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Plans to extend gas-fired power station in Hadera stalled

Sue Surkes is The Times of Israel's environment reporter.

The Haifa District Planning Committee orders that the National Infrastructure Committee relegate to its “lowest priority” plans to extend an existing gas-fired power station in the northern coastal city of Hadera, OPC 2.

The Association of Cities for Environmental Protection (Sharon Carmel), which includes 18 local authorities and represents some 700,000 residents, opposes the plan for OPC 2, especially as would be located close to schools, kindergartens and residential neighborhoods.

Hadera already suffers pollution from the Orot Rabin power station, whose four coal-fired units are set to close next year.

The Health and Environmental Protection Ministries have also questioned the wisdom of OPC 2.

Energy Minister Yuval Steinitz is pushing forward with plans for several new gas-fired power stations, overriding the opposition of the Environmental Protection Ministry, which does not want any.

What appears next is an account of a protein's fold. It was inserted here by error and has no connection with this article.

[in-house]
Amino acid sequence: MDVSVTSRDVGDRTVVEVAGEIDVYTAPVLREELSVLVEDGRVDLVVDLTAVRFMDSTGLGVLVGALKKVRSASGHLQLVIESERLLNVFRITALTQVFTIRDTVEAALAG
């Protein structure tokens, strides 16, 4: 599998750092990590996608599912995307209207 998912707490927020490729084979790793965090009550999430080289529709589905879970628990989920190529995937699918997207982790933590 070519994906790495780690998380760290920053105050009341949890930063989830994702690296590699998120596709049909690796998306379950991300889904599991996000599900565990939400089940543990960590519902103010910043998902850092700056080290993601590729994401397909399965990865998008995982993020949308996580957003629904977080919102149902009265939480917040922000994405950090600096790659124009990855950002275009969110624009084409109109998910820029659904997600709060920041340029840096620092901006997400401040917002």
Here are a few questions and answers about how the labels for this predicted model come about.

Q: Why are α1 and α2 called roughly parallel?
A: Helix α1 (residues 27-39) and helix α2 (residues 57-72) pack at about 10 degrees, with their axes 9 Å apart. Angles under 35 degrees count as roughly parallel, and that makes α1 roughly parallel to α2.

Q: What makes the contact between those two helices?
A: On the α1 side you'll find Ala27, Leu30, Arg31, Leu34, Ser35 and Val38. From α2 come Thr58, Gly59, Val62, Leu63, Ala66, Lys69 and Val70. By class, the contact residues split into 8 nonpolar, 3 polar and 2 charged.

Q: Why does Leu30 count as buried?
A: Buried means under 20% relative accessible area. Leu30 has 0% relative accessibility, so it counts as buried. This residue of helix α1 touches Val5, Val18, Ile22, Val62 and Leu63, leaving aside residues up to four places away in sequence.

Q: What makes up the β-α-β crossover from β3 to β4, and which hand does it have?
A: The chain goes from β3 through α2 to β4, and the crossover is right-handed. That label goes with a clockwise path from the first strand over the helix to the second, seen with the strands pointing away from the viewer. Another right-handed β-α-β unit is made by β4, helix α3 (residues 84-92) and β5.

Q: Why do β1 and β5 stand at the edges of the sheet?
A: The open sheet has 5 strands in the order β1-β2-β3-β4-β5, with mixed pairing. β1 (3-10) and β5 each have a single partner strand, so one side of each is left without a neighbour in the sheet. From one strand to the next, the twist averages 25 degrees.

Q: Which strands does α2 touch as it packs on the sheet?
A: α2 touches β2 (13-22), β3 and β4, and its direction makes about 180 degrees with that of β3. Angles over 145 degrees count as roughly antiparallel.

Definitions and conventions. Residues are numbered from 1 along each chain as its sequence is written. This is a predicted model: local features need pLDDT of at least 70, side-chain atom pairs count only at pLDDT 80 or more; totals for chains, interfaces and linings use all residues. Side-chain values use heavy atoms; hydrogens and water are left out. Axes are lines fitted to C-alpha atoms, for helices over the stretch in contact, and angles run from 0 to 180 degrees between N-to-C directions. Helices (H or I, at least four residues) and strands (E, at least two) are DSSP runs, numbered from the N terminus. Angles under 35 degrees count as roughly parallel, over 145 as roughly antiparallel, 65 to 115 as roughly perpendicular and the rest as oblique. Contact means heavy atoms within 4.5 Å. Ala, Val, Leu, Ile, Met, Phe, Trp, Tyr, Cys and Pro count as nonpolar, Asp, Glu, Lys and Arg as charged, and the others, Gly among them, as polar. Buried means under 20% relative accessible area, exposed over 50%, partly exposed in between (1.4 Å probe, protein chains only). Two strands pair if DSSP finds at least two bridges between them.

Some time this summer, the NIC will convene to discuss which of a clutch of power plant plans to advance for government consideration. Two of them are opposed by the energy minister — Kesem, near Rosh Ha’ayin and the Arab city of Kafr Qasim in the center of the country, and the so-called Meeting of Peace, being pushed by the Reindeer Partnership, comprising Siemens, the Phoenix Insurance Company and two Israelis, for a site between Kfar Saba, north of Tel Aviv, and the nearby Palestinian city of Qalqilya in the West Bank.

Dorad in the southern coastal city of Ashkelon and OPC Rotem on the Rotem plain in southern Israel’s Negev Desert will also be considered.

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